Tuesday, March 30, 2010

Replacing grading

Joe Bower has an interesting Prezi about how he replaced grading with feedback. I like it because it used the progression of Prezi well and he is clearly thinking deeply about how he structures his class and why.

Joe's blog is about his quest to make his Red Deer, Alberta classroom more engaging for his students. He is also hard at work challenging educational practice, sometime in a constructive way and, sometimes in an aggressive one. However, since Joe is thinking about why his classroom is the way it is, he often holds my interest, and I think he is worth adding to blogs you follow.

On Sunday, Joe diverted from his usual topics to post on a video that irritated him. Having recently posted on a video that irritated me, I thought I should humour him. Despite Joe's focus on removing judgement in his feedback, his blog title of Taylor Mali is a Joke seemed just a tad evaluative to me.In watching the video, I re-focused on what it is in the grading conversation that bothers me so much. It is the control.

Teachers measuring students and declaring them bad or good is really a problem if we want learning to occur. Plus, who wants to learn when someone is watching to catch you making a mistake so they can put a big red X on in and report it to everyone? Mali is all about the control. He talks about enforced silence, students feeling like failures when given an A-.

That's it right there - teaching as tyranny. It actually isn't the marks at all. I didn't mind having to give or receive them, but the part where marks were a weapon in the struggle for dominance is an issue for me.

Having said that, I would not describe myself as a flexible, open, and spontaneous teacher. I'm a structured person and my classroom reflects it. And students didn't just get to hand things in whenever or have no consequences for anything. It's just that really bad choices always have their own consequences in the end, so I know you will face the consequences. My role is to help you learn - measuring your learning is a very small part of what I do.

By the end of last year, I was using an evaluation method that was essentially portfolio based. Students used various assignments as evidence of learning to move up on a mastery rubric. I didn't grade particular work, but I did say what learning I could see in it and I asked my students to do that for each other and themselves. Although we negotiated the marks, it was rarely a struggle and never for control. You have the evidence to show you have acquired the learning or you don't, and most students see that easily.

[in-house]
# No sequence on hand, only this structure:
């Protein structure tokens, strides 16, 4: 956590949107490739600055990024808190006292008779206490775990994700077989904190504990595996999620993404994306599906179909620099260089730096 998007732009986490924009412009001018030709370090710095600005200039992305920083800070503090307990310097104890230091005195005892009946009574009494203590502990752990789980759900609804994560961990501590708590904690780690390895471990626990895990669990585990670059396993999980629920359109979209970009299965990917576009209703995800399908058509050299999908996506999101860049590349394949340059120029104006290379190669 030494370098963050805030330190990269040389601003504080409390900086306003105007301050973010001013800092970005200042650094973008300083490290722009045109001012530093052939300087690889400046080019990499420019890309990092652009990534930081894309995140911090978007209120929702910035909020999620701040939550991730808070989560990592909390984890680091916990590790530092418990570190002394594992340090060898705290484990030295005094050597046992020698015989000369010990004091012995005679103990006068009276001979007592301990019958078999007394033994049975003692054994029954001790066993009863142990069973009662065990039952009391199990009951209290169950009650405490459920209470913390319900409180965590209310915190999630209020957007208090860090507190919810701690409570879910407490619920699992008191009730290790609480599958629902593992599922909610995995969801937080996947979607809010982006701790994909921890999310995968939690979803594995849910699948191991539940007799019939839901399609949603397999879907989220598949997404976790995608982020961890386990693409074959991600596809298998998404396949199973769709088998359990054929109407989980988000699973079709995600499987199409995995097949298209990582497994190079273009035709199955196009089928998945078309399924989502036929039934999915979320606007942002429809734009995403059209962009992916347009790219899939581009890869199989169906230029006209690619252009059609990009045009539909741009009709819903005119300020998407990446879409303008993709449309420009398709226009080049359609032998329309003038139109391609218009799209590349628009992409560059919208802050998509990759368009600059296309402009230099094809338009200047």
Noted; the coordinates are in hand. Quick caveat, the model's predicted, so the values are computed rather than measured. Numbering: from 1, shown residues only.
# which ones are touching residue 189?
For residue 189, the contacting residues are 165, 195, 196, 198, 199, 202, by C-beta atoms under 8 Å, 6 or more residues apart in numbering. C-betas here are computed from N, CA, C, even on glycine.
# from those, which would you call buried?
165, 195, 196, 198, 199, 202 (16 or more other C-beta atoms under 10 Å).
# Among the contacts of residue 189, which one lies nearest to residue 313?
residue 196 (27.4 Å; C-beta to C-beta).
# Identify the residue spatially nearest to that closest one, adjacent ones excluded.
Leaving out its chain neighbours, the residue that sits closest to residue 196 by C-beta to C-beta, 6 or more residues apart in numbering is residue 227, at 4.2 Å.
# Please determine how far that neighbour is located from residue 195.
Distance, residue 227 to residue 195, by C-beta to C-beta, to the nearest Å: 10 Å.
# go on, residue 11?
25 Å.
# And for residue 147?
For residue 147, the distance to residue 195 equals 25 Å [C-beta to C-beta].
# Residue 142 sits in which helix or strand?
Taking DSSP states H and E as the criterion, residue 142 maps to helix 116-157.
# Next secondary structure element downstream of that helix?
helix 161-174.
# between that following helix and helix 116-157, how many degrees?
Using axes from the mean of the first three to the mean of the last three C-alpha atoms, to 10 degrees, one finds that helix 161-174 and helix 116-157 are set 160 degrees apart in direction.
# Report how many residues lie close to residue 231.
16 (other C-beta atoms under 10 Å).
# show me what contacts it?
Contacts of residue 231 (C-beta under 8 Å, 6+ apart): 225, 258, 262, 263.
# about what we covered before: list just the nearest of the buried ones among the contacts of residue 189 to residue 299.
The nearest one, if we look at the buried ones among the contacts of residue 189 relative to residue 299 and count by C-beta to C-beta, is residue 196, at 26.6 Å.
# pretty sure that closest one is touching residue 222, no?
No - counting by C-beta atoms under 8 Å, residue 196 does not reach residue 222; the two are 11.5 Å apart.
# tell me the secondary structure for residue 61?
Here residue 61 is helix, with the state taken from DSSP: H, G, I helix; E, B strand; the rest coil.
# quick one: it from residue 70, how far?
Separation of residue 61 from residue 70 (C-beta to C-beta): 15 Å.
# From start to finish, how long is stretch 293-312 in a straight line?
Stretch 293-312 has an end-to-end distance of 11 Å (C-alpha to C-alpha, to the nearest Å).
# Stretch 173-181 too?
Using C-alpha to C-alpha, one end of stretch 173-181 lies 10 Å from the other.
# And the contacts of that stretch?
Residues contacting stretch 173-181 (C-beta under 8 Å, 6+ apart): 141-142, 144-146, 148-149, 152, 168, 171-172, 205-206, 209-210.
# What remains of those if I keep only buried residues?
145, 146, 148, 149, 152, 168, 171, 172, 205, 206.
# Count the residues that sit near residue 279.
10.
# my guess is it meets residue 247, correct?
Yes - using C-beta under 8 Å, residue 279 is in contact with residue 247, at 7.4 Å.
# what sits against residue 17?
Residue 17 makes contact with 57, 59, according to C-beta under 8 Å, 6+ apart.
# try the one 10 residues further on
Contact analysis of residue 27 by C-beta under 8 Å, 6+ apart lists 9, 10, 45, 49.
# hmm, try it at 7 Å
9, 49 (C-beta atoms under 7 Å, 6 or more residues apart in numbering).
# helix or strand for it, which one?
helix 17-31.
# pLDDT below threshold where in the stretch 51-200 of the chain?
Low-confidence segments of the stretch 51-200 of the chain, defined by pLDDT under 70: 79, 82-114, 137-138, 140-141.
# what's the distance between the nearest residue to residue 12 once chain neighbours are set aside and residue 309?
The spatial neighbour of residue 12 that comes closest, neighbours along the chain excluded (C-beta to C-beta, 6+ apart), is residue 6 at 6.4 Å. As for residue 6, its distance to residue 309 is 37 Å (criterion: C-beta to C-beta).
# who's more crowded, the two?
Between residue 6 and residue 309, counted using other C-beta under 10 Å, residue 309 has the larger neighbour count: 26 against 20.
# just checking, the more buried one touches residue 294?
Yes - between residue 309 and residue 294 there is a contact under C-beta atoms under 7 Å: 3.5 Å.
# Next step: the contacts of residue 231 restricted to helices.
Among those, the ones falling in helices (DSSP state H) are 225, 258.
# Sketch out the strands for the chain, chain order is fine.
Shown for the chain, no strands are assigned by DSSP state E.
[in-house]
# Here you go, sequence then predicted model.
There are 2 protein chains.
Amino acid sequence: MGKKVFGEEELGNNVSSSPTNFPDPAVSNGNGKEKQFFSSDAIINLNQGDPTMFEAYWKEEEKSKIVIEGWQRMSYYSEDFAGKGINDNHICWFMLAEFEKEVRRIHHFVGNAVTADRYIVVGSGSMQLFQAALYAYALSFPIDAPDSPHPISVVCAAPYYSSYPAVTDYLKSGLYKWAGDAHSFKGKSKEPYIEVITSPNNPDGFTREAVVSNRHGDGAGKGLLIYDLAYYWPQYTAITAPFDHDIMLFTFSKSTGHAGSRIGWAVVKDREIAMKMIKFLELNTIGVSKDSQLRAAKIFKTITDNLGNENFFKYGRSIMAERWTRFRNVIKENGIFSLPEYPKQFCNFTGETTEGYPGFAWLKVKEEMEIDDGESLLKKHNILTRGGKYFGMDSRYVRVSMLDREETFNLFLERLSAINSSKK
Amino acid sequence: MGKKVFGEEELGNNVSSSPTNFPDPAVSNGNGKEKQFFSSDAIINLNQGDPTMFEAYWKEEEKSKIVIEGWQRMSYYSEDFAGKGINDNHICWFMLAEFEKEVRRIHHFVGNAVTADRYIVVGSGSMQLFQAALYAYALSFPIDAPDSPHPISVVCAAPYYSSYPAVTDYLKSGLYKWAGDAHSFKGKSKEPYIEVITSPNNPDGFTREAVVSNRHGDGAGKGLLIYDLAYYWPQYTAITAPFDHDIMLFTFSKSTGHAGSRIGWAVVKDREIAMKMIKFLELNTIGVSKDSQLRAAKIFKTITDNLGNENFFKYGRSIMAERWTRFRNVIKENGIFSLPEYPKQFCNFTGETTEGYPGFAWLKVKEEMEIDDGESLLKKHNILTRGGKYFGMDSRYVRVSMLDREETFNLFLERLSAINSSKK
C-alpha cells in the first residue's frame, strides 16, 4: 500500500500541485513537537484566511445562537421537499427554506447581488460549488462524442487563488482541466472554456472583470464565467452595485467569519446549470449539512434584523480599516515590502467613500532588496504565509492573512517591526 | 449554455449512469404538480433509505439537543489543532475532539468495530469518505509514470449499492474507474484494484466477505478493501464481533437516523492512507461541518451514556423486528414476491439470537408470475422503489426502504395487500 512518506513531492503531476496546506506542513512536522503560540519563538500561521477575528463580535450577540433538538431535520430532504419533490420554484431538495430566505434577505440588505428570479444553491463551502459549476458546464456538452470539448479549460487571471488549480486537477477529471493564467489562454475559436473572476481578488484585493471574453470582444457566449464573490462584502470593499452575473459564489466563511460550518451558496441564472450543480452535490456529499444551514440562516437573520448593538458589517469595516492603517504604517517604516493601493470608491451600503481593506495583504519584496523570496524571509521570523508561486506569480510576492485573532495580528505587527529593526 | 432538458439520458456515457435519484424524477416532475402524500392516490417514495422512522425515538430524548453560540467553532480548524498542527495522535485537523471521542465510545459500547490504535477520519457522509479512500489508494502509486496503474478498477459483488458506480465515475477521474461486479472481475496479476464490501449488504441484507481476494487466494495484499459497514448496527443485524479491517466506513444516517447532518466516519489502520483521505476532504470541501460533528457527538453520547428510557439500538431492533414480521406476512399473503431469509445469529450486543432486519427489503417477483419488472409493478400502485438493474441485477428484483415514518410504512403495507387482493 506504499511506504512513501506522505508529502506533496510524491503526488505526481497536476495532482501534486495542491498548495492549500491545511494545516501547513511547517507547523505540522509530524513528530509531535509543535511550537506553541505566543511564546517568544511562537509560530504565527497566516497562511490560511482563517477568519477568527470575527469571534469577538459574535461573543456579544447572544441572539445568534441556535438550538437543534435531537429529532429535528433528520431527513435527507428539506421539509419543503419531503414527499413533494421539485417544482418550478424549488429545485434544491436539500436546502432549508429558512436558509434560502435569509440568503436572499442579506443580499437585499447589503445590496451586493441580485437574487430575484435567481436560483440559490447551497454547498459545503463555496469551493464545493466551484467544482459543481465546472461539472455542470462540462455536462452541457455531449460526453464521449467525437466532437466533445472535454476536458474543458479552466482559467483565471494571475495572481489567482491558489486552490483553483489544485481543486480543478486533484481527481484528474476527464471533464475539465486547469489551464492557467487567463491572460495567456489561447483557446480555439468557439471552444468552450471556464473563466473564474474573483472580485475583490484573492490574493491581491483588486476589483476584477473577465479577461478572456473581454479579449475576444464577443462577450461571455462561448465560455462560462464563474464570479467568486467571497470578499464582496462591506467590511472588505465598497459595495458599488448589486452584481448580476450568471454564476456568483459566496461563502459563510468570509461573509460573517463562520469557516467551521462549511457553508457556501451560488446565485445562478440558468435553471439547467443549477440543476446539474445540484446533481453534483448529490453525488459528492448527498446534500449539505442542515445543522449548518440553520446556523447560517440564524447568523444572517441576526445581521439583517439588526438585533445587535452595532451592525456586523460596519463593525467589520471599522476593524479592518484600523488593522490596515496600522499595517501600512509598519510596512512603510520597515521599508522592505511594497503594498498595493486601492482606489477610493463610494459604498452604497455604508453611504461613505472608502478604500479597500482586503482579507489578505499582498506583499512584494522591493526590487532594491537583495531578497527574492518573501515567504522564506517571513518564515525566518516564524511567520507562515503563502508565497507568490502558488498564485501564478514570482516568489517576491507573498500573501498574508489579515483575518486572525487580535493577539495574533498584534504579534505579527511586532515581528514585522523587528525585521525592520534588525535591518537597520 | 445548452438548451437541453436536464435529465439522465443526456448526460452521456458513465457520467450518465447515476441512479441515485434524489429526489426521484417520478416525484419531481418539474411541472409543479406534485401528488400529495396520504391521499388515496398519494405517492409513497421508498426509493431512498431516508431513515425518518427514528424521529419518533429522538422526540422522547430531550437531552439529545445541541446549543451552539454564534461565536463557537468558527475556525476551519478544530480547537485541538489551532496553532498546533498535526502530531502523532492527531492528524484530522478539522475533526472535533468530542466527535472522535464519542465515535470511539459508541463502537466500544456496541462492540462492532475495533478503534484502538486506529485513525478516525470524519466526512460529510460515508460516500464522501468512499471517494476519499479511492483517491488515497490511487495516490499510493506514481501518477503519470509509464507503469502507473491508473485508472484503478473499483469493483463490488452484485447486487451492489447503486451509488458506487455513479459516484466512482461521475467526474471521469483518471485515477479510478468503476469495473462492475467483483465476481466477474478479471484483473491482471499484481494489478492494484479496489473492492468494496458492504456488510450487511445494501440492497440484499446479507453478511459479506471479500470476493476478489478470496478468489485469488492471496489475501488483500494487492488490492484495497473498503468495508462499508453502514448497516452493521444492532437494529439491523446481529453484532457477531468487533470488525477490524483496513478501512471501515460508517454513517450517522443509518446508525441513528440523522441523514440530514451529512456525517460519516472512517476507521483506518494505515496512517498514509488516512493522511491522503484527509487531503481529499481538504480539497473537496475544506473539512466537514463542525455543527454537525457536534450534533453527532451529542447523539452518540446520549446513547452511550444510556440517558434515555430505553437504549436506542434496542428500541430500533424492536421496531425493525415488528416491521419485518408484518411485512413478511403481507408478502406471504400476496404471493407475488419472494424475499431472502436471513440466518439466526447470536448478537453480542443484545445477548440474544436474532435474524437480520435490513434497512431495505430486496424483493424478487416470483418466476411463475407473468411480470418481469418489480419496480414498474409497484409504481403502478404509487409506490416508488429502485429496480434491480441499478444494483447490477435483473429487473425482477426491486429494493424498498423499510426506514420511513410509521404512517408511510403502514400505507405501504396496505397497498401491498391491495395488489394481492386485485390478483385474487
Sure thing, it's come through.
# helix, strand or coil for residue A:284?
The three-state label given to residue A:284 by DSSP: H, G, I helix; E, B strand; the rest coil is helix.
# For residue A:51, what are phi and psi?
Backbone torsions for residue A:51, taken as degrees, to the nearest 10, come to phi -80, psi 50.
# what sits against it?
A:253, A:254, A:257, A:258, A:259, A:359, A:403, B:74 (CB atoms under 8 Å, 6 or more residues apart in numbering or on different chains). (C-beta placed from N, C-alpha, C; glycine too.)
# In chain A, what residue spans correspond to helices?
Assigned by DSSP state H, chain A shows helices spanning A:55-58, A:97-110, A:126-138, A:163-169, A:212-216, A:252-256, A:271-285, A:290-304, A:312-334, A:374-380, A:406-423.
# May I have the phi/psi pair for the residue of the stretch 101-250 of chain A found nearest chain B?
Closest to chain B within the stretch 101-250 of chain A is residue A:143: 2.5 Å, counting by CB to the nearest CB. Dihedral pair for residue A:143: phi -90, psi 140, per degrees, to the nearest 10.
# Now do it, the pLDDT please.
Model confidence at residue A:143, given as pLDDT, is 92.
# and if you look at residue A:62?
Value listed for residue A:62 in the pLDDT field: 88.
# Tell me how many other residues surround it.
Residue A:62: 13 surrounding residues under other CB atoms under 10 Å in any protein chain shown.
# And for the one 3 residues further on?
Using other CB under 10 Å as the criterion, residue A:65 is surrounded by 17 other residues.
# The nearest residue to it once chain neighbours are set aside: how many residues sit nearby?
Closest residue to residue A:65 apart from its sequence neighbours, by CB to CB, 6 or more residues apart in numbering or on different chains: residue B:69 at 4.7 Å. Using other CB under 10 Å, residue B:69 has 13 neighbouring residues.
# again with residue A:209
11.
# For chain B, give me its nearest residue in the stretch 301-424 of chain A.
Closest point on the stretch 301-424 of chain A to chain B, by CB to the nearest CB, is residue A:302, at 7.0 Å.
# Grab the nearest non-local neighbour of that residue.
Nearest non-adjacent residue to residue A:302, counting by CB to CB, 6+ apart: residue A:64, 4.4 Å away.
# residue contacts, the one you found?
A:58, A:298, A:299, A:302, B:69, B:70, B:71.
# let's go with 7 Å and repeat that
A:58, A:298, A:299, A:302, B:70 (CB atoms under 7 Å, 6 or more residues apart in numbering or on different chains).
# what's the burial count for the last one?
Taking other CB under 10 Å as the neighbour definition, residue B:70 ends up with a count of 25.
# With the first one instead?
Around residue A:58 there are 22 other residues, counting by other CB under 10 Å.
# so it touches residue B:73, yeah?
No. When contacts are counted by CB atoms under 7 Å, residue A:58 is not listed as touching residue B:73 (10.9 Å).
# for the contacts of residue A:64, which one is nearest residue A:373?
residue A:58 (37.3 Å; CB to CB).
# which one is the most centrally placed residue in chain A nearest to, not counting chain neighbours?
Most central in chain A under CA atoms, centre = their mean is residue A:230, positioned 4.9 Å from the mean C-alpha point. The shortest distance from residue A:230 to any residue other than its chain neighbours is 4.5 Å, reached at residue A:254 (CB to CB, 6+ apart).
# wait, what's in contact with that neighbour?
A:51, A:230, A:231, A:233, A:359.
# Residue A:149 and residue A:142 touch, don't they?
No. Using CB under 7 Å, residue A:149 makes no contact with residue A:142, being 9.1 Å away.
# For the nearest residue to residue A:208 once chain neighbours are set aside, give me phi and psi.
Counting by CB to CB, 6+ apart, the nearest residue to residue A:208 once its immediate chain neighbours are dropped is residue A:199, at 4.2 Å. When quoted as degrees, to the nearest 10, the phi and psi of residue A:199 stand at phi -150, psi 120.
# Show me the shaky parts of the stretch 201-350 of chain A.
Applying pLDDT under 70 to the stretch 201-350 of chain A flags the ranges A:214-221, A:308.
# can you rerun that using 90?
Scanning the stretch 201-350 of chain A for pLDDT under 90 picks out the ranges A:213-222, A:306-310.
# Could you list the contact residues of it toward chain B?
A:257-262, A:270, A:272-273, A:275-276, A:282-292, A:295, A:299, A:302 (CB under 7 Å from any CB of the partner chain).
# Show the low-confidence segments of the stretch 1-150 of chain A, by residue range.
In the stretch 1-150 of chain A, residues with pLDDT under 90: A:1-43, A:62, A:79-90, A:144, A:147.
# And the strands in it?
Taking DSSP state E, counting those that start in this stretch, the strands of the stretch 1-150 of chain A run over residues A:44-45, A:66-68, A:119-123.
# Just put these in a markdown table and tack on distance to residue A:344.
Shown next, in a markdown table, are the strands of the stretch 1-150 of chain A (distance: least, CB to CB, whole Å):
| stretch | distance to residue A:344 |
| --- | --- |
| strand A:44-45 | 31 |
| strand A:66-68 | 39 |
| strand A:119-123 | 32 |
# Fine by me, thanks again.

Every year I ask my students for feedback - I use specific questions designed to assess competence, autonomy, relevance and belonging. I also ask what they would get rid of and why, and what is critical to keep. Other teachers always ask me how I keep control without the marks, and the answer always consistently up in that feedback. Kids always say my class was tough, but they almost always say it is relevant to them. My favorite parts is this: the things they learn about through the assessment are always about how they learn well, not about the hoops they need to jump though for me. That means the control (and the grade) both sit with them. We replace grading with responsibility.

What is a Learning Leader?

As we move into the third year of Collegiate Renewal, people who have been Learning Leaders and administrators are starting to offer a vision of what this form of distributed, teacher leadership looks like. Marshall Whelan cc-d me on his version. He says that as a leader he tried to do these things and was not always successful, but he figures this is what the the job needs:
Whether you are Right Brained or Left Brained or double dominant, learn to enjoy the practice of holding yourself professionally responsible in a widely divergent community of thinking that seeks to converge into the most engaging conversations about learning that you are likely to experience. This could be and must be a mix of the Philosophical and Practical - a steady diet of one and not the other makes for frustration.

Sincerely believe in the power of WE: a We staff, a We school, and WE classrooms.
Be prepared to learn from your fellow Learning Leaders, staff and students. You have something to contribute, but it may be at times no more or less important than that of anyone else. The real power is in Group Thinking.

Believe that Excellence is a process and not a state. We are never finished/fixed products, we will never "arrive", and we can only get better if/when we decide it is for everyone's progress.

Be prepared to see messy change: always ask people to explain their version of change , as they may be on to something that you in your omniscience may just have not realized.

Recognize that we are not just changing practice for the betterment of students, but also for ourselves. Collegiate Renewal is first and foremost about changing/ empowering teachers.

Know that you are not and will never be the ONLY fount of all wisdom and knowledge on the staff.

Listen often, ask questions, do not pontificate (This is a hard one for me, or so my wife and daughter tell me.)

Demonstrate a willingness to be judgmental: about practice, but not about people. (This is the starkest change for those who have never had THOSE conversations about people behind closed doors. And yet, it is reality!)

Do not seek this job if you are thinking that this is about ladder climbing to the higher echelons of power: others will reject your motives as base. Instead, roll up your sleeves and get at it! There is beauty and worth in this noble cause in and of itself.